Therefore, an equilibrium is reached wherein the amount of heat entering the atmosphere is exactly equaled by the amount leaving it.
The atmosphere is a simple blanket covering the planet. Thicker means warmer (as long as some constituent of the atmosphere is a heat absorber, e.g. CO2).
Curious fact discovered while doing this pageI did not realize this but ...
At a given temperature in a gravitational field, the thickness of a planet's atmosphere is constant regardless of how much more gas you add to it. That is, if you pour ten times as much gas on the Earth as it presently has, it's thickness will remain the same. It will just become denser.
Proof:Now, since Venus has just about the same gravity as Earth, you would thus expect its atmosphere to be the same thickness ... IF ... it were at the same temperature. But it's not. It's much hotter. So let's take a blowtorch and heat up that column of air which heretofore has resisted all attempts to enlarge it by adding more air.
Yes, as is the case with some anatomical parts, heat will make the column rise. In fact if we double the temperature, we should double the height of the column of air (regardless of the amount of air in it). And, since the temperature of Venus atmosphere is approximately 3 times that of Earth (on the Kelvin scale ~750V / 280E = ~3 ), it should be three times as thick.
Now LOOK at the scale at the top of this page.
See? It is about 3 times thicker. Fancy that.
Your car, last summer ...If you leave your car windows up in the summer heat, your car may become as hot as ~140 F when you return. Is this an example of the greenhouse effect? Hell yes ... or so they say. Let's take a look.
Why does the car get hot? Because the windows are closed and the hot air can't get out. AND ... the infrared radiation can't get out either ... or rather, it can't get out fast enough until the car is hot enough to emit as fast as new heat is coming in from the sun.
It certainly has nothing to do with the windows. Windows pass infrared like a moth------er! Remember what it's like in the winter when you turn off your heater and sit there waiting for someone to come to the car? You wait about 4 minutes then turn the engine on again to generate some more heat 'cause you're freezing! And your car is like a greenhouse.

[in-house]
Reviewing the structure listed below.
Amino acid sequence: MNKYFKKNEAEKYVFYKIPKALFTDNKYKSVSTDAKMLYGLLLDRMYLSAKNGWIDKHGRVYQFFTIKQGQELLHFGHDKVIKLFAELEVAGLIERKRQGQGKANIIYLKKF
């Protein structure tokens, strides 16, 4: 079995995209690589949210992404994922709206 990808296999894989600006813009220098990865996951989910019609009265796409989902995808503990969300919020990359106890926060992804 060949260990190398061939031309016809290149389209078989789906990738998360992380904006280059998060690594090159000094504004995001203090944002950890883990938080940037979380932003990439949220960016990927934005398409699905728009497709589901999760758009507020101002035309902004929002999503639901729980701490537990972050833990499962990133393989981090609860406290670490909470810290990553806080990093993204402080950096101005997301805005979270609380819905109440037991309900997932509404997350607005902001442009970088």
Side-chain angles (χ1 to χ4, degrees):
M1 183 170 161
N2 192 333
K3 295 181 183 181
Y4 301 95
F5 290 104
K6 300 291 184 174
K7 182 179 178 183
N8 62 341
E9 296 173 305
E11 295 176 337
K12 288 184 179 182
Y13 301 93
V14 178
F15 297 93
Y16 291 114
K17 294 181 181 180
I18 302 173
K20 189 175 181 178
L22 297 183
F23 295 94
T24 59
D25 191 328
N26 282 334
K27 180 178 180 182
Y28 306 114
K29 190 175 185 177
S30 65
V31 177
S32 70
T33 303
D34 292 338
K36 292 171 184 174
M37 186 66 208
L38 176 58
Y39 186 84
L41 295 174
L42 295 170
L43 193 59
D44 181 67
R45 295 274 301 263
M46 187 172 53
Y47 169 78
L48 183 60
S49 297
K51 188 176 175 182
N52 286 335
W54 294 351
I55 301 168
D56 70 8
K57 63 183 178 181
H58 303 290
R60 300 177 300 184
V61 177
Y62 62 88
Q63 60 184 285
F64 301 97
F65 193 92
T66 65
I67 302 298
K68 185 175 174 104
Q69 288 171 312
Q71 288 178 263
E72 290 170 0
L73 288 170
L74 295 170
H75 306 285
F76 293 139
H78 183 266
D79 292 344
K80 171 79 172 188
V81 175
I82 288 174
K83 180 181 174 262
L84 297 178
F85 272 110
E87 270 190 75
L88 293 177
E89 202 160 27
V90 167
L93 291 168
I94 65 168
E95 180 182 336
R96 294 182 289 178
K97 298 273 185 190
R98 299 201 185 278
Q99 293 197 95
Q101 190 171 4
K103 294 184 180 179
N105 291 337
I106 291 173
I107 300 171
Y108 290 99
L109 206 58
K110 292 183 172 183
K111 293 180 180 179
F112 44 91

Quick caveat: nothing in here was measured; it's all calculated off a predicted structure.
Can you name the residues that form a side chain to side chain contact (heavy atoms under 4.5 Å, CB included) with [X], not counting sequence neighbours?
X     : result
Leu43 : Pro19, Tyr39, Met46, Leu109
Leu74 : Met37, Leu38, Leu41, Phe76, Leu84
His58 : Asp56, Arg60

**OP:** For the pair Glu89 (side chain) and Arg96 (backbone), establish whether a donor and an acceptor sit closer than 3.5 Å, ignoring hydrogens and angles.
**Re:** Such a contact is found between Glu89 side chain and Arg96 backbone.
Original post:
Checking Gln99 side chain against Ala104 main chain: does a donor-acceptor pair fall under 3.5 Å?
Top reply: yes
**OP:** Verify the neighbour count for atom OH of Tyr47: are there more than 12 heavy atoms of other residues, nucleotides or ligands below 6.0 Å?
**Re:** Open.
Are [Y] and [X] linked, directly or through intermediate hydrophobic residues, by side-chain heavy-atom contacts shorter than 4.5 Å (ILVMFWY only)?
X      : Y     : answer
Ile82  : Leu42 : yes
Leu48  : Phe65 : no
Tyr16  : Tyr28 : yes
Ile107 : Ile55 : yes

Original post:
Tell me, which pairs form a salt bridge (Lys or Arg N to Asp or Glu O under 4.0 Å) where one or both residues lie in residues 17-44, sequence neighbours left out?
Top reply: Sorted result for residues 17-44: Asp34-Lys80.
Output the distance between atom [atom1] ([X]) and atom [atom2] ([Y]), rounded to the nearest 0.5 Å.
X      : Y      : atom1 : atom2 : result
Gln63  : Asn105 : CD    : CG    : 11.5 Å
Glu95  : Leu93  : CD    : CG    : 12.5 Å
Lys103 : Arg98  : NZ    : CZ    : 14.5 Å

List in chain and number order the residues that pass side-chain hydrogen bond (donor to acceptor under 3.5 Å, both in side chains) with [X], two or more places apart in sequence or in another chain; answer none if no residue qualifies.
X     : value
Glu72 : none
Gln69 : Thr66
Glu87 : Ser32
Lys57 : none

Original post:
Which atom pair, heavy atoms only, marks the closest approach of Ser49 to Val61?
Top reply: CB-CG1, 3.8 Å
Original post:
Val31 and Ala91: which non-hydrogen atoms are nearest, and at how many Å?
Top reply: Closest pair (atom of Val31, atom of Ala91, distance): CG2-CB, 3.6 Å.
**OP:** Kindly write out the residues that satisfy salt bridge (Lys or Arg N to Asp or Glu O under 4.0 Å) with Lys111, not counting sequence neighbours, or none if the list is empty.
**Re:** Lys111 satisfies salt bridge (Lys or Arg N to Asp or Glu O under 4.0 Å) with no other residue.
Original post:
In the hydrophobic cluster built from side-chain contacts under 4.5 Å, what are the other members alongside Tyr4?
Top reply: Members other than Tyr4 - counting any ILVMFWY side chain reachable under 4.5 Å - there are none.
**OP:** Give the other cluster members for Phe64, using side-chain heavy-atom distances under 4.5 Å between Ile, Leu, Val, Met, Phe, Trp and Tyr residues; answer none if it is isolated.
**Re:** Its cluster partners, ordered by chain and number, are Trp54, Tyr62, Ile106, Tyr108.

Actually, a greenhouse loses heat very fast once the sun goes down. If it retained heat to any acceptable degree, your roof would be a see through one. In fact you need insulation and ... skylights lose heat badly.
The greenhouse effect has nothing to do with radiation in the actual real greenhouse scenario. The problem is mainly one of convection.
Without convection, the hottest air doesn't move out. It just sits there and bakes. If the air on Venus moved a little better, it might display a much more temperate climate. More heat could get to the top of the clouds and be more easily radiated away ... faster ... so that equlibrium could be reached at lower temperatures.
But ... Venus hardly rotates and therefore doesn't have any convection to speak of (except at the terminator).
So where does this leave us? ... vis a vis ... Global Warming?
Because Venus runaway greenhouse effect is the result of a combination of no convection and internal heat production rather than what they say,
this matter is probably being terribly overplayed. And if it's not ... it may be the least of our worries. We're certain to have a big die off in the next century ... due to overpopulation / food shortages ... not because the weather is too warm!
Summing up ...I have here given an alternate "collision" theory of the state of Venus. If true, it would alter our perception of global warming on Earth too. Is there a way to test it?
One must simply measure the amount of energy coming into Venus and the amount leaving ... with great accuracy ... over many data points on the surface of Venus ... for a reasonable amount of time.
The difference between
If the heat emitted by Venus is very close to that received by the sun ... then I'm wrong ... no two ways about it. The global warming trend might then be a significant long term threat to our current way of life ... but we still have much larger problems to contend with in the next century.